I have observed that if you take the ratio of two normal variables distributed as $N(1, \sigma) / N(1, \sigma)$, empirically this ratio distribution approaches normality as sigma approaches 0 (shown also by the scipy normality test. However, it appears as though technically the expectation and the variance of this distribution do not in fact exist? A. (2004). The distribution of the ratio of jointly normal variables. Metodoloski zvezki, 1(1), 99.

Is the apparent convergence to normality simply a function of the fact that all of the probability mass is contained in tails that are too small to show up at a frequency of 1 million samples? Attached is some python code and some histograms.

from matplotlib import pyplot as plt
import numpy as np
from scipy.stats import normaltest

%matplotlib inline

n_samples = 10 ** 6
for var in [10 ** -i for i in range(1, 7)]:
    numerator = np.random.normal(loc=1, scale=var ** 0.5, size=n_samples)
    denominator = np.random.normal(loc=2, scale=var ** 0.5, size=n_samples)
    ratio = numerator / denominator
    stat, p = normaltest(ratio)
    rounded_p = np.round(p, 3)
    sim_mean = np.round(np.mean(ratio), 3)
    plt.hist(ratio, bins=30)
    plt.title(f'var = {var}, observed mean = {sim_mean}, reject normality p value {rounded_p}')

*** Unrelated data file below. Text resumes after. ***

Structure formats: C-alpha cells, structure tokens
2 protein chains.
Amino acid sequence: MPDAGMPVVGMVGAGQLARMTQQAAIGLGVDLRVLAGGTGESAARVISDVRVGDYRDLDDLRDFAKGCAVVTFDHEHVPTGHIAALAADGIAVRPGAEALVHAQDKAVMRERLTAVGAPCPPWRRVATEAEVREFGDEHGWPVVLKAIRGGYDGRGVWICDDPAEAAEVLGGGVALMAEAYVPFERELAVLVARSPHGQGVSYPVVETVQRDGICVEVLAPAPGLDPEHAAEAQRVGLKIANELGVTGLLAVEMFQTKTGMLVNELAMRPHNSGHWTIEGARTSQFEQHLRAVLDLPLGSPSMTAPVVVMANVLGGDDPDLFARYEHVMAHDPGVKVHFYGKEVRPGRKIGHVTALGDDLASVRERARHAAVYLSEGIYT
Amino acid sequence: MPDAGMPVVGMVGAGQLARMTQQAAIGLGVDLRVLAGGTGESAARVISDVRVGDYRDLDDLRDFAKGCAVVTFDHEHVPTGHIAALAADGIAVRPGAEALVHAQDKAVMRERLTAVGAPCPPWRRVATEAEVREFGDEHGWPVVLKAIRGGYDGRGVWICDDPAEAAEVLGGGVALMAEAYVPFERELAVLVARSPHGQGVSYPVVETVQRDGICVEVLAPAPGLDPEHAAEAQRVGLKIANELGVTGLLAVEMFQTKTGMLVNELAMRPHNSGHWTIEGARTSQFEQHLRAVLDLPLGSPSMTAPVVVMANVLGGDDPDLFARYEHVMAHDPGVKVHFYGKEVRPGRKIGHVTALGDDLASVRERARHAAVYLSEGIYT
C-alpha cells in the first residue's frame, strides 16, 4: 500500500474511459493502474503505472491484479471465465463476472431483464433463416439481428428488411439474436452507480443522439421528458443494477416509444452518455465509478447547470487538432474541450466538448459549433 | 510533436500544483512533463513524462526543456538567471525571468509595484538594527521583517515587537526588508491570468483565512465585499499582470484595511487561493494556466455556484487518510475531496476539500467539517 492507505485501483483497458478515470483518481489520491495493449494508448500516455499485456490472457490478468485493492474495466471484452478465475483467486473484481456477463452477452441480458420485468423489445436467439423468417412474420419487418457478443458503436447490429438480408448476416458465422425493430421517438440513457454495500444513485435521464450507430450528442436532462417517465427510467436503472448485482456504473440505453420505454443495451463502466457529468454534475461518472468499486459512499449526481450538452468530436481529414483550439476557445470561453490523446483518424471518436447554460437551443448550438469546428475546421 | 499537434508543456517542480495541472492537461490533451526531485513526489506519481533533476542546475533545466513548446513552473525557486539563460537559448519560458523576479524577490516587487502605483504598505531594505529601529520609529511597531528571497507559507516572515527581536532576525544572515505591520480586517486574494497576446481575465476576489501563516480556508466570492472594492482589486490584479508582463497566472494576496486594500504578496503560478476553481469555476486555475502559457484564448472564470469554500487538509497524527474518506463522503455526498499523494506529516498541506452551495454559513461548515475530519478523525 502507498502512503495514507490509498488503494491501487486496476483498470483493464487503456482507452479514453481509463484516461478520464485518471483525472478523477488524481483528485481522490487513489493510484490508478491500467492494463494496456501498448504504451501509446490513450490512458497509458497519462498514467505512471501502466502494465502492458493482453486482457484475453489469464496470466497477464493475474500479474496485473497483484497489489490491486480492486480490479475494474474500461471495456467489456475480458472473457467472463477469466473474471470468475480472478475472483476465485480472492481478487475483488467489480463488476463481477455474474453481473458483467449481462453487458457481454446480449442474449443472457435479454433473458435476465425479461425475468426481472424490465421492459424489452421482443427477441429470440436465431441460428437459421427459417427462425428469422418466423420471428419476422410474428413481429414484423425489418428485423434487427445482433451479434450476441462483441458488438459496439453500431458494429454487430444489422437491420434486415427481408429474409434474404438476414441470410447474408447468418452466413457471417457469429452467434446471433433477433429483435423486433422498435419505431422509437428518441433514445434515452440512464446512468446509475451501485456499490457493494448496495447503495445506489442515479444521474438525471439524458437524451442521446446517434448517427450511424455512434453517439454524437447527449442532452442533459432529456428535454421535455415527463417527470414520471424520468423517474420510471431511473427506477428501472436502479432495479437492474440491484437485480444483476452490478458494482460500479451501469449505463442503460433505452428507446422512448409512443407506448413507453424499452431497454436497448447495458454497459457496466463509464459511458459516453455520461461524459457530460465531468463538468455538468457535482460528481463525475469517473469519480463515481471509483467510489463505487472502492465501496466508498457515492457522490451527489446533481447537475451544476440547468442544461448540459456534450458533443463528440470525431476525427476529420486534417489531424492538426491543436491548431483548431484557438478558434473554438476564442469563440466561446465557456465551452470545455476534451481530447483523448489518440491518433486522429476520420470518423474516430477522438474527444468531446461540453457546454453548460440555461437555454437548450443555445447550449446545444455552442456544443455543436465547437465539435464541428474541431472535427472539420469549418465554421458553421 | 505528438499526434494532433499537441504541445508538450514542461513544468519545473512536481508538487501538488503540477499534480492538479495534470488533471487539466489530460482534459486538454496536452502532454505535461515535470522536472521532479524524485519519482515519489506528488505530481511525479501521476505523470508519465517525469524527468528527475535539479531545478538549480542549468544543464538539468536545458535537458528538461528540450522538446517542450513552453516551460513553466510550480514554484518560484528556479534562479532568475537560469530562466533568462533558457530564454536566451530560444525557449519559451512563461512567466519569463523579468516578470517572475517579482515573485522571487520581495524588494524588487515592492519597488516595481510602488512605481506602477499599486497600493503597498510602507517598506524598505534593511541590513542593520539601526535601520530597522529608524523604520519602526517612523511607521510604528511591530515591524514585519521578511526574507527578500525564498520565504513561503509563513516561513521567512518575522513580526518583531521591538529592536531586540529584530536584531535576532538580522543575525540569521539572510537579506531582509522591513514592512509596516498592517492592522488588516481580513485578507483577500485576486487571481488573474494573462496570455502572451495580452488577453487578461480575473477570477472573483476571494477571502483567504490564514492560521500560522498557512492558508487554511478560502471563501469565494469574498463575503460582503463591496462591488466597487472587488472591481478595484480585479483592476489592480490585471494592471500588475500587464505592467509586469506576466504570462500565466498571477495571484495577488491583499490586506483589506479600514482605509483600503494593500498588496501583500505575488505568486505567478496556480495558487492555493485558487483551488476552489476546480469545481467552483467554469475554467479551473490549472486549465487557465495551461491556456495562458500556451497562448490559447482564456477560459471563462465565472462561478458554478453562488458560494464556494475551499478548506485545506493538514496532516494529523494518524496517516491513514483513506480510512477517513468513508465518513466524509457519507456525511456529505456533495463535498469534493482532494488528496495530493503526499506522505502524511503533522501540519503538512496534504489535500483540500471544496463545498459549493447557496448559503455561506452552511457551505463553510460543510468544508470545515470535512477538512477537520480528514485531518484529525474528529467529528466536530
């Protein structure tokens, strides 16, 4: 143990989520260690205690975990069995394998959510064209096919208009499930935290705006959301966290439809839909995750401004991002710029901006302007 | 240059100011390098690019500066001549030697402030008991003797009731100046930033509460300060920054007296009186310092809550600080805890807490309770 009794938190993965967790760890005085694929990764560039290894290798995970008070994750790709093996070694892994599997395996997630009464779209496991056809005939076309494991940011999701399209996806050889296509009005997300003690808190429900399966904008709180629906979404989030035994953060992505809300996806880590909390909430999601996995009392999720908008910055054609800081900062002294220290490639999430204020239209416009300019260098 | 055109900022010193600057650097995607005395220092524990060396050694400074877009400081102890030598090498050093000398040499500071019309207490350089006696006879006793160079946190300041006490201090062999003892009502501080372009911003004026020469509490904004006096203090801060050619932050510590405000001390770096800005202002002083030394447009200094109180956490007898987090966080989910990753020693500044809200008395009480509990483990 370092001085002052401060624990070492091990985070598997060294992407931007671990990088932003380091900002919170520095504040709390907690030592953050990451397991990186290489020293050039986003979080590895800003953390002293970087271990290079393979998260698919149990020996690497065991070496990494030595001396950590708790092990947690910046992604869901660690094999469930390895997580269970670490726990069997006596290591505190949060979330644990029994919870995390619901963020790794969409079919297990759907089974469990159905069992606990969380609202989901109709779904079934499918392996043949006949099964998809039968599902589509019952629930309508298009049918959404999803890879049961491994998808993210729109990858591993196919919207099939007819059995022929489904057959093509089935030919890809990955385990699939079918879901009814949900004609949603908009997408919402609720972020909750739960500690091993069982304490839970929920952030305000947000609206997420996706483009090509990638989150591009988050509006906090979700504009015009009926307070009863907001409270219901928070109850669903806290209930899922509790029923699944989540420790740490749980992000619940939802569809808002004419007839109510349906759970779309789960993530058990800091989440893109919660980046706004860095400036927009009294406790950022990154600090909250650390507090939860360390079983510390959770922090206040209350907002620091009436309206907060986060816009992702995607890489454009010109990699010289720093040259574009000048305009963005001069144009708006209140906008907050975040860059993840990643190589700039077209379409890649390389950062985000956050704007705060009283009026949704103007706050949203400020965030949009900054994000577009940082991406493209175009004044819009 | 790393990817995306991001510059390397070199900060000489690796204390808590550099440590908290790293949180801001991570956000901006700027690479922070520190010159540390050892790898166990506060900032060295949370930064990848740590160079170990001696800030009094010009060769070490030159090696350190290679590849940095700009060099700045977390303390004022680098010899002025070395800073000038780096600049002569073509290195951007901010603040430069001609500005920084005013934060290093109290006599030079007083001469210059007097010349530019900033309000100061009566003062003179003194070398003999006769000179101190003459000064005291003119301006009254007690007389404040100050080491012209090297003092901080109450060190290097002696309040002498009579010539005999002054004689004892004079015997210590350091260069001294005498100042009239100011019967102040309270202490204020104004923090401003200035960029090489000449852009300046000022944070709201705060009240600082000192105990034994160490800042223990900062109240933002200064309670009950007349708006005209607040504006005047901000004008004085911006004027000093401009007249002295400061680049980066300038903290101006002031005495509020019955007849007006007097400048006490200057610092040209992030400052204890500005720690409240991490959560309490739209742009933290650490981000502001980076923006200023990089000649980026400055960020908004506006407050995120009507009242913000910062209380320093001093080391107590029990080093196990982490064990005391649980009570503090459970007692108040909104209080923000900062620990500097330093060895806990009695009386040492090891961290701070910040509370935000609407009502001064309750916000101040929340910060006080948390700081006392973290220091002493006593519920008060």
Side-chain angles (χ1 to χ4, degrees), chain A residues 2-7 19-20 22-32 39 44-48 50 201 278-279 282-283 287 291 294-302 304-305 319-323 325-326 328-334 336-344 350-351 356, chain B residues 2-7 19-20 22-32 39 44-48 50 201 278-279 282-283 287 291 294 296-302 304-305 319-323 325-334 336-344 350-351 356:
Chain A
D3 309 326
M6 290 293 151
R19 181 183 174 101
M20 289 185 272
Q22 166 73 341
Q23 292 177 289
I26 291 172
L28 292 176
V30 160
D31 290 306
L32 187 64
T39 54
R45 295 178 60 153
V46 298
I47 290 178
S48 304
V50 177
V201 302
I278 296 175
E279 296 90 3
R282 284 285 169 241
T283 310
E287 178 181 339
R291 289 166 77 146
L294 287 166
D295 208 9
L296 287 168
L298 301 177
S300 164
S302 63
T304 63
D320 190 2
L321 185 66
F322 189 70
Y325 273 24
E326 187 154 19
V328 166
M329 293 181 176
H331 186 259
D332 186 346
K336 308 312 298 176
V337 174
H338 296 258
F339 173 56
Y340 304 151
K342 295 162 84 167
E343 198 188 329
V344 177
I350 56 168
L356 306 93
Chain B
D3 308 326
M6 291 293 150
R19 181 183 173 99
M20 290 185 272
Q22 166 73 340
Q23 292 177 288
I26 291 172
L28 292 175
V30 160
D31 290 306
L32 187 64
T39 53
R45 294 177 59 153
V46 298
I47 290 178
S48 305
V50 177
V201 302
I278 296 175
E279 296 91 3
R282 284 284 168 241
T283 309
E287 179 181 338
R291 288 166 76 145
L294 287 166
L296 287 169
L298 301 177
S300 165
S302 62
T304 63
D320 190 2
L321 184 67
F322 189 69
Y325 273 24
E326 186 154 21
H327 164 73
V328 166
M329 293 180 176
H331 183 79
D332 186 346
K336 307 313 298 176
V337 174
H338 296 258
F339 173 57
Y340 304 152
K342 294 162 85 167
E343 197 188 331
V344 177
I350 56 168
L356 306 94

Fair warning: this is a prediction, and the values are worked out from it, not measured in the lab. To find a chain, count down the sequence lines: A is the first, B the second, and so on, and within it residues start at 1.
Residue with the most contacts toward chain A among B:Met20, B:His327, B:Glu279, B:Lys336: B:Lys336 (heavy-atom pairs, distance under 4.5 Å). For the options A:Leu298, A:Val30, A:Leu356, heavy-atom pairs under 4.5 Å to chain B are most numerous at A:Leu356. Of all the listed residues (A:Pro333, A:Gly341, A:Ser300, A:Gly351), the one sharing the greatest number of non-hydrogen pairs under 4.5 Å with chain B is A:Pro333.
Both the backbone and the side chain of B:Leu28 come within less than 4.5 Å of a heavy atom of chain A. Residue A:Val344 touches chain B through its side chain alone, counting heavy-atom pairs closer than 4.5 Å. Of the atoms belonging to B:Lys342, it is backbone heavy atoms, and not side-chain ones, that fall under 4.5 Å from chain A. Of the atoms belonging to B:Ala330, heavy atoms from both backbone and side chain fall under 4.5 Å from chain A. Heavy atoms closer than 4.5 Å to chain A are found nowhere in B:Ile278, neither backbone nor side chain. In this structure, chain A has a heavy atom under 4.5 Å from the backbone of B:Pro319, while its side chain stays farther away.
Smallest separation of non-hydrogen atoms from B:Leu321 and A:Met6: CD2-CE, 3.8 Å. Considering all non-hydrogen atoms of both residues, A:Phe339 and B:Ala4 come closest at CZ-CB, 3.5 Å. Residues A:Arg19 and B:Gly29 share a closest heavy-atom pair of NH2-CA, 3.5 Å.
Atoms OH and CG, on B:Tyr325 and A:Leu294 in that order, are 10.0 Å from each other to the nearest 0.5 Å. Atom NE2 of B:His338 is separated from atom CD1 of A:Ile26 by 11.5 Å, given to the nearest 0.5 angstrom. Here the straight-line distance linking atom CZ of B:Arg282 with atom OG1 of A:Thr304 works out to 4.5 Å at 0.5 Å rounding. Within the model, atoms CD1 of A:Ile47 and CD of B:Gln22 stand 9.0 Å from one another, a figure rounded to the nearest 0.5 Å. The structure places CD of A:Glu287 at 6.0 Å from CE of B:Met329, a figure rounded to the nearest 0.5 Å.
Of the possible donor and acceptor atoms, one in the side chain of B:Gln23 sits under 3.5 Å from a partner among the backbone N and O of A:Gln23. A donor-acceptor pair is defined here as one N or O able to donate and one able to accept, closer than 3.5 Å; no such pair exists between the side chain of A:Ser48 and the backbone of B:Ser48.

enter image description here

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    $\begingroup$ The difficulty is in division by quantities near 0. Without truncation, the normal RV in the denominator will have 0 as a possible value. Depending on circumstances the simulation will encounter values near enough to 0 to give huge ratios, overflow, or division by 0 error. $\endgroup$ – BruceET Aug 16 '19 at 15:25
  • $\begingroup$ Cool yeah this is what I was thinking as well. I guess in "practical cases" this distribution will actually converge when we sample from it, but theoretically there is a vanishingly small chance that we draw a value near 0 that will cause our estimation to be completely wrong? Are there best practices for truncating these distributions to get reasonable estimates? By which I mean, I want a method for estimating $\mu_1 / \mu_2$? $\endgroup$ – Zane Blanton Aug 16 '19 at 15:32